LONDON (Thomson Reuters Foundation) – Like many combat veterans, Steve Hammond struggled for years after returning to civilian life, battling physical injuries that made it difficult to find a job and left him contemplating suicide.
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Now the 61-year-old father of two is thriving as a team leader with Britain’s Bravest Manufacturing Company (BBMC), one of a growing number of socially-minded companies providing jobs for people marginalised from the traditional workforce.
More than 70 percent of staff at the company, which makes road and rail signs, are either veterans or have a physical or mental disability.
“It gives people with a disability or mental health issues a purpose in life,” Mr Hammond, who was wounded in the Falklands War, told the Thomson Reuters Foundation.
“If they can go out to work with a smile, it’s an achievement.”
BBMC is one of 71 social enterprises – businesses with a mission to benefit society as well as turn a profit – providing services for the building company Wates.
The builder is one of a number of major British corporations that sees commercial benefits to hiring social enterprises over their purely profit-driven competitors.
Along with pharmaceuticals company Johnson & Johnson, consulting firm PwC and other major companies, it signed up to an initiative launched in 2016 by Social Enterprise UK (SEUK), a social enterprise membership organisation, to promote the growing sector.
Wates community investment manager Su Pickerill said being able to prove a construction project would have a positive social impact was often a crucial factor in winning contracts, accounting for up to 40 percent of the decision.
“We need to be able to demonstrate we are going to deliver more than just a building or a service,” she told the Thomson Reuters Foundation.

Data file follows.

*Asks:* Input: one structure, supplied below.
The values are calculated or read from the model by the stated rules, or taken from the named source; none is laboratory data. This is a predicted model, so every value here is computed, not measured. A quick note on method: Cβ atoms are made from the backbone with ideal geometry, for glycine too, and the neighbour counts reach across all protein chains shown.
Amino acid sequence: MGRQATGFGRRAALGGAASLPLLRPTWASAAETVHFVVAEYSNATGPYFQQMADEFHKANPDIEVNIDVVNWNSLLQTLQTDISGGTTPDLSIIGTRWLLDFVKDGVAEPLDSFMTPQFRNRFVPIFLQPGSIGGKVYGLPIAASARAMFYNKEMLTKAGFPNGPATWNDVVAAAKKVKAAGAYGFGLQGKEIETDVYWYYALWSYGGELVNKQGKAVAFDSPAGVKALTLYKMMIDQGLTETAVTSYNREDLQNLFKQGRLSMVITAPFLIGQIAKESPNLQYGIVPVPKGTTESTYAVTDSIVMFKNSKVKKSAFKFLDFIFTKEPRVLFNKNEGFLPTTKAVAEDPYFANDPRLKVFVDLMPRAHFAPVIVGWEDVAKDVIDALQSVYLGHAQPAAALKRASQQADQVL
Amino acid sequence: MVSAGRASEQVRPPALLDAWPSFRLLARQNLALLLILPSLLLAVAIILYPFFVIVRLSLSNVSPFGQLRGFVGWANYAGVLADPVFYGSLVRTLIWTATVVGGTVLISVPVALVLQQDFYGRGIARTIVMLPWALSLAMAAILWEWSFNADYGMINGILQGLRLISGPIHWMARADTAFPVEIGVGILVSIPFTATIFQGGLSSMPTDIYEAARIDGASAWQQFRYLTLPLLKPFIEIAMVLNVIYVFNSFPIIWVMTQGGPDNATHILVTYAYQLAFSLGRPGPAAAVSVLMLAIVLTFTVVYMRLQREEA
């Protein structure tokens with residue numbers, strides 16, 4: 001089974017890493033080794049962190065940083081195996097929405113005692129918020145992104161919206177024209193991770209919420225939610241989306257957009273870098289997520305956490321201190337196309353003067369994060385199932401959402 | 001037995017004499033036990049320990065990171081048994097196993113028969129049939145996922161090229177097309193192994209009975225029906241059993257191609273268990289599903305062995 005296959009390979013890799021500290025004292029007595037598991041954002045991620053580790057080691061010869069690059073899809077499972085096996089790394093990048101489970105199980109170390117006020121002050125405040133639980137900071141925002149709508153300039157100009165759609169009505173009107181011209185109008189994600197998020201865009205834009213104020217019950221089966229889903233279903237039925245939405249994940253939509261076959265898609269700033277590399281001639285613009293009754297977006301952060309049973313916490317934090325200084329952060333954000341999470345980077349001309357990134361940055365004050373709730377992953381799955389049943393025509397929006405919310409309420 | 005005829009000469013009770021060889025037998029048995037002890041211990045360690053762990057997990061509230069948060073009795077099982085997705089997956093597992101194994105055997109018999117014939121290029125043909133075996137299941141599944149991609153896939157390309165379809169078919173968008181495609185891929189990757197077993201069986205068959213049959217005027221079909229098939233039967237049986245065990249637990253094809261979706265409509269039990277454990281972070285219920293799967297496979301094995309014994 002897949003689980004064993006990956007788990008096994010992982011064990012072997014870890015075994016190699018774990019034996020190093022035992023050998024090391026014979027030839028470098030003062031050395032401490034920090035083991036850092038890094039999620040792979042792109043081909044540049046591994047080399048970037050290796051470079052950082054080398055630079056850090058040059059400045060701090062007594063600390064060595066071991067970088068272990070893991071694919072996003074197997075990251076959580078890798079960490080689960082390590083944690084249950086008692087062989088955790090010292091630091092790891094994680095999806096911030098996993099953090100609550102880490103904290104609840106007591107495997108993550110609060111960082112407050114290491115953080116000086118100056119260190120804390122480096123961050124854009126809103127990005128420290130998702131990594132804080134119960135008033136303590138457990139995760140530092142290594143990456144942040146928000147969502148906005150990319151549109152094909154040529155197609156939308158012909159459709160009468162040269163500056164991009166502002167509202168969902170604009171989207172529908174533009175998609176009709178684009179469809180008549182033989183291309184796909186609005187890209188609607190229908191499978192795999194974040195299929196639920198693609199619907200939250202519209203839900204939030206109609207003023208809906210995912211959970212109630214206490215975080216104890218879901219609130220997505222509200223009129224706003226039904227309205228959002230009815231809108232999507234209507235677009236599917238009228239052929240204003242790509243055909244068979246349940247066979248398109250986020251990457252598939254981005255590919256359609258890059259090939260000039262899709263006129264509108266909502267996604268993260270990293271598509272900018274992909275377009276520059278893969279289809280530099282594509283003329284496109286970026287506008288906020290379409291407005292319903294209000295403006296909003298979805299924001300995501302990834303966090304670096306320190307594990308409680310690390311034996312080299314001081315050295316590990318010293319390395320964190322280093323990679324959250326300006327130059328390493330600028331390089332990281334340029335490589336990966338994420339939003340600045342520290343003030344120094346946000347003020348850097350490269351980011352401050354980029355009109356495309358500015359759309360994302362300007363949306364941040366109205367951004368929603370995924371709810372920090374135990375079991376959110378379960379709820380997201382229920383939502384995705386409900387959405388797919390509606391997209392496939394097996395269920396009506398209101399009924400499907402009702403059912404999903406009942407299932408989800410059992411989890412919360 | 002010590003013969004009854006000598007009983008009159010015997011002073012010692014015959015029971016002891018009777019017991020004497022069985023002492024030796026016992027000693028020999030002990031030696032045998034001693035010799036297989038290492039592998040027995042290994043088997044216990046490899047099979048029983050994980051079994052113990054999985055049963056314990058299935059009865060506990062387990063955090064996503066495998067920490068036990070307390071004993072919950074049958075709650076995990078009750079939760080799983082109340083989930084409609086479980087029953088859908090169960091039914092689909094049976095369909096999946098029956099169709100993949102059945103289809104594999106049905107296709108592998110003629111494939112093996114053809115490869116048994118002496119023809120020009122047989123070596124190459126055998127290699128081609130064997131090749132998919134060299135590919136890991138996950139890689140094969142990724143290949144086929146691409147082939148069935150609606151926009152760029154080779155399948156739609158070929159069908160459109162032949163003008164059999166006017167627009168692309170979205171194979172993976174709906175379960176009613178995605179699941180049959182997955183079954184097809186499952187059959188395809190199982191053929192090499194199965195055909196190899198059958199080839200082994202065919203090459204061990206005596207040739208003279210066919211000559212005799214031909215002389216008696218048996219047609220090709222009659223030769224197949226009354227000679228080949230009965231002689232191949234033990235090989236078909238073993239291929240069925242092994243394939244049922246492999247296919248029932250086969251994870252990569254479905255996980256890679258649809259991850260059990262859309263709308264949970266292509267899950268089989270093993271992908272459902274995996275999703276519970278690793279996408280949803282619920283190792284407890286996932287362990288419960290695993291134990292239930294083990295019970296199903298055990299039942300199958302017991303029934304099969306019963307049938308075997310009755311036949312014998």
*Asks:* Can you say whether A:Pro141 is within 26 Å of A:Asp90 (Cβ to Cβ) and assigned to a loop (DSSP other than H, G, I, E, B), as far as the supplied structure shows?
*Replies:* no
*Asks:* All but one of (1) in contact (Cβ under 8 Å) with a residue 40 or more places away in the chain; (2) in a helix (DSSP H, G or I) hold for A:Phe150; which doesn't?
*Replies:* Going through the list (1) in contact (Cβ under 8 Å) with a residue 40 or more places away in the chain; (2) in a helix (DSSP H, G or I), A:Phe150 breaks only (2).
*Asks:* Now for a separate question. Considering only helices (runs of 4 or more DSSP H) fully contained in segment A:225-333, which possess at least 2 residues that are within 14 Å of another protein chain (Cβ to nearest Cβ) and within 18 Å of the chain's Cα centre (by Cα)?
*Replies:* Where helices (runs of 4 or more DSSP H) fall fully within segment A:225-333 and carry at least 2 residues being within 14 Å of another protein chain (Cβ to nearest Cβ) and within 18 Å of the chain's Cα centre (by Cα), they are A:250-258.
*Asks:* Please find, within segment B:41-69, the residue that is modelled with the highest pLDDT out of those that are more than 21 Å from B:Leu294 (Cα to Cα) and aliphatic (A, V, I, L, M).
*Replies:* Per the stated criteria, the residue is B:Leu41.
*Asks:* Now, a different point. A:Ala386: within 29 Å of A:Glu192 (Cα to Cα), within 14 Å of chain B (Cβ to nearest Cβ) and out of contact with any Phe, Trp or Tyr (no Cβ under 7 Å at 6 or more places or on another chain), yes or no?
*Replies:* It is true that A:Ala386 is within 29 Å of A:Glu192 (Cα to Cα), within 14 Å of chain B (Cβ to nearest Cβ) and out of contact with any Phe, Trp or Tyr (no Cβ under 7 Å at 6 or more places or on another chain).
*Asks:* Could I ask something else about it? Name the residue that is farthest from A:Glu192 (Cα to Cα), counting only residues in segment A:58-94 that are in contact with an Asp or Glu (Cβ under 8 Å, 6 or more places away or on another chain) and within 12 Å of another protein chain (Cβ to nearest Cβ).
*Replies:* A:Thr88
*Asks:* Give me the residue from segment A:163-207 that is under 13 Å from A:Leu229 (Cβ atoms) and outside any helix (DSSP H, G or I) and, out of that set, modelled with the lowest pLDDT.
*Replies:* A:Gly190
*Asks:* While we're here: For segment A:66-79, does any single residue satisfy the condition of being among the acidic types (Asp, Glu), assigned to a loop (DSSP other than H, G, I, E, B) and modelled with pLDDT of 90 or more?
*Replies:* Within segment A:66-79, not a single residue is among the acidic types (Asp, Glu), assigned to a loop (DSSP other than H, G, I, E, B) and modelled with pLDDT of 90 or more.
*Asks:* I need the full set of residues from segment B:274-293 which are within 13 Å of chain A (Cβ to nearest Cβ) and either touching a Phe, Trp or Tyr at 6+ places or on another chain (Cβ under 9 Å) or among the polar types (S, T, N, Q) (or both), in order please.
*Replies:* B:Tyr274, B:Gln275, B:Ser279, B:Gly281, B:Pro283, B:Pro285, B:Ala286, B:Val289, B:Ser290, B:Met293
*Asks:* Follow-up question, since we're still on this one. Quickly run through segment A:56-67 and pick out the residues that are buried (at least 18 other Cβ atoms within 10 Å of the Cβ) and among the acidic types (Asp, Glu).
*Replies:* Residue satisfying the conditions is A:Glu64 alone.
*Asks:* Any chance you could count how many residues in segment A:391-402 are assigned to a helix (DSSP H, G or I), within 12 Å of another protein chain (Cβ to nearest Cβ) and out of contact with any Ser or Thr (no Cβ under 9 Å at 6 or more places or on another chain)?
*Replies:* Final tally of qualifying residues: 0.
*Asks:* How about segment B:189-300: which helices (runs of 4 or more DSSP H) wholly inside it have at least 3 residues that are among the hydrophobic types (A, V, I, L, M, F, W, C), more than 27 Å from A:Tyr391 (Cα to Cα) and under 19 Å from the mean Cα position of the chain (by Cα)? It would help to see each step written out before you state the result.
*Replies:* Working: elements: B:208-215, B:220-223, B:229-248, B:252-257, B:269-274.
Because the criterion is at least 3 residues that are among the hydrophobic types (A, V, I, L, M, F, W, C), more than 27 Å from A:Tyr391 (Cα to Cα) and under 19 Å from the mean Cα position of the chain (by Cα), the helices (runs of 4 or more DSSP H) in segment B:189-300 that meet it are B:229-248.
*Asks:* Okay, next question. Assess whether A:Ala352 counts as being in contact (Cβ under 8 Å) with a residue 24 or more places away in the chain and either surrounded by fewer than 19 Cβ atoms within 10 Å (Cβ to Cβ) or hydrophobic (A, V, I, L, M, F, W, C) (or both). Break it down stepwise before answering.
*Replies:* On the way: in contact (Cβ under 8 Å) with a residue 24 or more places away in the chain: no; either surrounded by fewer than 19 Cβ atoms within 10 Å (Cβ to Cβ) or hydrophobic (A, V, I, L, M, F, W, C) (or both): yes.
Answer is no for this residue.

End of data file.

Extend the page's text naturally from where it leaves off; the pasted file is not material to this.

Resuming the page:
“By trading with social enterprises, we can tangibly demonstrate we are making a difference.”
Britain is seen as a global leader in the innovative social enterprise sector, with about 70,000 businesses employing nearly 1 million people last year, according to SEUK, up from 55,000 businesses in 2007.
Two years ago the group set up the Buy Social Corporate Challenge to encourage British companies to buy services from social enterprises, with the aim of hitting 1 billion pounds ($1.40 billion) by 2020.
One of the initiative’s aims is to demonstrate businesses in any sector can buy from social enterprises, going beyond traditional conceptions of corporate social responsibility to include them in core business spending.
Spending hit 45 million pounds in its first two years, SEUK announced this month – well short of the ambitious target.
SEUK deputy chief executive Charlie Wrigglesworth said the companies taking part in the initiative were starting small, but there was potential for expansion into businesses where no social enterprises currently operated.
“The growth of B2B (business-to-business) is a very recent phenomenon for social enterprises. What we want to do is make sure that people that are setting up B2B social enterprises are looking at the areas of highest market opportunity,” he told the Thomson Reuters Foundation.
Johnson & Johnson uses See Detail, a social enterprise that hires autistic staff, to test software.
There are 700,000 autistic adults in Britain and only 16 percent of them are in employment, according to the National Autistic Society charity.
See Detail’s operations manager Chris Mitchell likes aspects of his job that others might complain about – the routine and the predictability, which he said helps with anxiety.
Before he was diagnosed with Asperger’s Syndrome, a form of autism, in 1998, Mr Mitchell suffered from depression and was self-harming.
He said he struggled with job interviews, suffering repeated rejection, and saw a value to society in employing people who might otherwise put pressure on public services and their own families.
“Their quality of life is improved by having a job, which helps with their life in the community,” he said.
Mark Hicken, UK managing director of Johnson & Johnson’s pharmaceutical arm Janssen, said working with social enterprises helped attract ethical investors and staff.
“Where they have a set of personal standards that are important to them, they want to work in an environment… where they feel they can do good and where they are a part of a culture that chimes with who they are,” he said.